Bottled-water tax threatens Michigan manufacturers, says Nestle

David Bellm

March 11, 2015

3 Min Read
Bottled-water tax threatens Michigan manufacturers, says Nestle
Bottled water, Ice Mountain, beverage packaging


Bottled water

Nestle Waters North America, parent company of west Michigan-based Ice Mountain bottled water company, said a proposal put forward by Lt. Governor and gubernatorial candidate John Cherry this week threatens water producers' viability to operate in Michigan.

"Like every Michigan employer, we rely on an educated workforce. The Lt. Governor's proposal, however, will only penalize Michigan employers and risk jobs. The proposal could also drive some bottlers to supply products from outside the state to remain competitive on the price consumers pay for bottled water products," said Brian Flaherty, Vice President of Government Affairs for Nestle Waters. "The proposal would create an uneven playing field for those of us invested in Michigan that could not reasonably be sustained.

"Our team at Ice Mountain focuses on responsibly providing a purely Michigan product that is healthy, well liked, and often necessary in times of disaster. The jobs we provide in Michigan are important to the families of our employees, the community and state. We will protect these jobs by opposing any tax proposal that unfairly singles out our business."

Lt. Gov. Cherry announced a proposal to place 10-cent tax per bottle on bottled water manufactured in Michigan to fund education scholarships cut in recent state budget scale-backs. The tax would not be imposed on the hundreds of beverage products manufactured outside the state but which are sold at Michigan retailers.

"Let's look at the math," said Flaherty. "Most bottled water is purchased in cases of 24 bottles of .5 liter size, for about or less than $4.00 per case -- putting the price per bottle at about 16 cents. A 10-cent per bottle tax on Michigan manufactured products nearly doubles the price for consumers, and would be unsustainable in the highly competitive beverage marketplace.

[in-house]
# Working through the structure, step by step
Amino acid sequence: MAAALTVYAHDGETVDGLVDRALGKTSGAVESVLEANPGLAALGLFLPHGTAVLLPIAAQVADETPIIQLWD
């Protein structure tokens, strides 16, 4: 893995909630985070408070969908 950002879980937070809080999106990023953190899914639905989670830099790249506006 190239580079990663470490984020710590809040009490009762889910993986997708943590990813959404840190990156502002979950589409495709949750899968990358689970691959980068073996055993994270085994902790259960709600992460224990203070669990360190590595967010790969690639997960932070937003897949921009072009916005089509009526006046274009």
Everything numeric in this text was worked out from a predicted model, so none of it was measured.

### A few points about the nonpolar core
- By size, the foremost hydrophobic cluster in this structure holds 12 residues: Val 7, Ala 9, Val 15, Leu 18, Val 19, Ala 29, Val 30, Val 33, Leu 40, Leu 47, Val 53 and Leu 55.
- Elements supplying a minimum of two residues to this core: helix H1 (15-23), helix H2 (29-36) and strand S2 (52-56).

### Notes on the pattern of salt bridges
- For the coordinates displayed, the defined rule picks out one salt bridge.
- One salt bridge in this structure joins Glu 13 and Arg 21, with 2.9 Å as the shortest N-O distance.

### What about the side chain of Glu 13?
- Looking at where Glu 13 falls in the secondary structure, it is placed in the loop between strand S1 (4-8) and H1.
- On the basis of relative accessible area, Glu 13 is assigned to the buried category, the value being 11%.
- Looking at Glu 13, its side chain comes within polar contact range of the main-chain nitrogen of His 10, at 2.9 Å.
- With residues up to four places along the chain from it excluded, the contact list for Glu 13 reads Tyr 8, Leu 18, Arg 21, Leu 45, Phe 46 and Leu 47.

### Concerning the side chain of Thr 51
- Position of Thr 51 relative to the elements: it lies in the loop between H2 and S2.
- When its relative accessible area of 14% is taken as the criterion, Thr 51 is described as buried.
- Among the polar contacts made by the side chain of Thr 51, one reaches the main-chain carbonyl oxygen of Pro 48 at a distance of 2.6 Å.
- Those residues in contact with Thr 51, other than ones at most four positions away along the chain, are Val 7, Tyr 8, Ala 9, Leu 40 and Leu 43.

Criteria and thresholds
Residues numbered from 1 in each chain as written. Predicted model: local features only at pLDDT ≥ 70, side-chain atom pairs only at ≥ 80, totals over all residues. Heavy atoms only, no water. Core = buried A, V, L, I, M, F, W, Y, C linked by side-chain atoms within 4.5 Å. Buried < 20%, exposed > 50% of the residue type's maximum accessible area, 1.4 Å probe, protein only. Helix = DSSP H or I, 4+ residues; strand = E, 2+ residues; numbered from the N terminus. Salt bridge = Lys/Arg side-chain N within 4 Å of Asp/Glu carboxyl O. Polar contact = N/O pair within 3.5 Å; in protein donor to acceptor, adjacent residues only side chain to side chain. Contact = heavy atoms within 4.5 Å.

"Consumers are very savvy, and rarely could be convinced to pay nearly double for Michigan-produced bottle water when lesser-priced options exist," said Flaherty. "I challenge you to ask consumers if they'd pay $6.50 for a case when they can pay less than $4 for the same product made elsewhere."

Nestle says the proposal would also halt or slow further investment by Michigan bottlers into new Michigan facilities and manufacturing equipment upgrades that would create additional jobs.
Michigan bottlers employ approximately 15,000 people in the state, either directly or indirectly through suppliers and vendors. In 2008, bottled water production was responsible for nearly $2.4 billion in total economic activity in Michigan, with the industry and its employees paying over $16.3 million in property, income and sales taxes.

Nestle Waters employs 250 - 300 people at its Stanwood, Michigan operations, with an annual payroll of more than $16 million. Worker wages and benefits, including health, dental and vision insurance, and retirement savings, exceed $40,000 annually. Nestle Waters is among leading local taxpayers, generating approximately $2 million annually for local government services and schools.

SOURCE: Nestle Waters North America

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